Hughes concedes that the Muslim world mostly regards our freedom as licentiousness. They get their impressions of the U.S. through our media, which mostly consists of immodestly dressed women, violence and car chases. That's the "entertainment" and image we export, so why should they not conclude this is who we are?
Hughes is particularly fond of the exchange program that allows students and others to come to the U.S. to study and to observe Muslims and others able to dress, worship and associate as they please. Again, I wonder if this approach is a Cold War relic. The 9/11 hijackers lived, worked, worshiped and observed our way of life, and they killed 3,000 of us. Following the British bombings two summers ago, the British public expressed shock that "home grown" young Muslim men could turn on their fellow countrymen. The reason is that they did not see Britain as their country, but heaven as their destination and jihad as their vehicle for getting there.
Hughes also speaks of a coming "major Western Hemisphere initiative" to do more and communicate more with Latin American countries. She says the Bush administration has nearly doubled U.S. assistance to the region, but most don't know about it because their media don't tell them.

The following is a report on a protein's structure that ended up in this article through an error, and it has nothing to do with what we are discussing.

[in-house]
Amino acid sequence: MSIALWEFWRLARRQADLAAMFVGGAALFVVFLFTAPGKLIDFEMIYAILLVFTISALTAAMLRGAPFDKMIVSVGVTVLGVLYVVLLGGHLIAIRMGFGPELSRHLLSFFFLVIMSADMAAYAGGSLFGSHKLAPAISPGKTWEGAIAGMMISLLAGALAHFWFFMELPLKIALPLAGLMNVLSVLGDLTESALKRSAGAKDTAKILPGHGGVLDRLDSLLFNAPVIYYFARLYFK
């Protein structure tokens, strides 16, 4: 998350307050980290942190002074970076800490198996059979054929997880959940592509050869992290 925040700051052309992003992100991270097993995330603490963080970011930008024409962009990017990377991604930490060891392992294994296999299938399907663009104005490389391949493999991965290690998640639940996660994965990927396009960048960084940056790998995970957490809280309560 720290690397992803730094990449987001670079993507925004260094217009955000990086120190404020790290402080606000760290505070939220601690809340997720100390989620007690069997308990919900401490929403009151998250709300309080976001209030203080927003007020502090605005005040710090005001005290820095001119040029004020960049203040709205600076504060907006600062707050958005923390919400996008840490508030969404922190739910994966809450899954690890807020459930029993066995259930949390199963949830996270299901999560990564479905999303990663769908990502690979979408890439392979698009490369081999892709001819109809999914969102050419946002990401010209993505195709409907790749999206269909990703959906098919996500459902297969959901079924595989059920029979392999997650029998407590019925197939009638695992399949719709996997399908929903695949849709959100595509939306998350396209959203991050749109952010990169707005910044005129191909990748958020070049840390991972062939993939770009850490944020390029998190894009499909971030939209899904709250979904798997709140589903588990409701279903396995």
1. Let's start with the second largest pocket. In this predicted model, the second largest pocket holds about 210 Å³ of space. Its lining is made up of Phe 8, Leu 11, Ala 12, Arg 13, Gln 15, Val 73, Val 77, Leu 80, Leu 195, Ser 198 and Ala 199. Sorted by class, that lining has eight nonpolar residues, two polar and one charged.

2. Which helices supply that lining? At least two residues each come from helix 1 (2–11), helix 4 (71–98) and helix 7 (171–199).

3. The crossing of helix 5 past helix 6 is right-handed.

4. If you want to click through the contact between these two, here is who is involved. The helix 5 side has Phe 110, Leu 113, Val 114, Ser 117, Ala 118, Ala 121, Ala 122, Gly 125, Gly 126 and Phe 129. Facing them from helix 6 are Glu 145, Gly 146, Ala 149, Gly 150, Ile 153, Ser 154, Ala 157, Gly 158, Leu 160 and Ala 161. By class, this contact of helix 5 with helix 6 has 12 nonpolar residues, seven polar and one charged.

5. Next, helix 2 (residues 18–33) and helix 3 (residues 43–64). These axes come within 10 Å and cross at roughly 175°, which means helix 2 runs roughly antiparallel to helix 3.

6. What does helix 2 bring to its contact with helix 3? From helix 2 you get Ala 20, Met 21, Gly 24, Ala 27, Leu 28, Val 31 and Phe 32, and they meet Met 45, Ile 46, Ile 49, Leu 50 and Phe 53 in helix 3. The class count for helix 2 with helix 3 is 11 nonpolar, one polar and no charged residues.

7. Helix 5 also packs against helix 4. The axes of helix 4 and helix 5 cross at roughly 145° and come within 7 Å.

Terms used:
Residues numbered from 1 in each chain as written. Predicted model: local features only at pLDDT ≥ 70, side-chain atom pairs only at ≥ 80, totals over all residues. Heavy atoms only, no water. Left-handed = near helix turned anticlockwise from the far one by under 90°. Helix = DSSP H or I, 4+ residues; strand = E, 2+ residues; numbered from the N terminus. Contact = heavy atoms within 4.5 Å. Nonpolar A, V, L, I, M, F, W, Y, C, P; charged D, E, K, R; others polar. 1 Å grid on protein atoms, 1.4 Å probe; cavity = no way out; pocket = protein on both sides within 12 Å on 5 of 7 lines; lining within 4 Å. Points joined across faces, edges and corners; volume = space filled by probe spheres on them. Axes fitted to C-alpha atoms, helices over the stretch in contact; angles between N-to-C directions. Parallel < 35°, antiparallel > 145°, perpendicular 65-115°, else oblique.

I wouldn't stop what Karen Hughes is doing, but I do wonder and worry whether this outreach to the Arab and Muslim world, in particular, will make a significant difference in a war between cultures that is fueled by religious zeal. Even Hughes acknowledges, "This is a long struggle."
Cal Thomas is co-author (with Bob Beckel) of the book, "Common Ground: How to Stop the Partisan War That is Destroying America".
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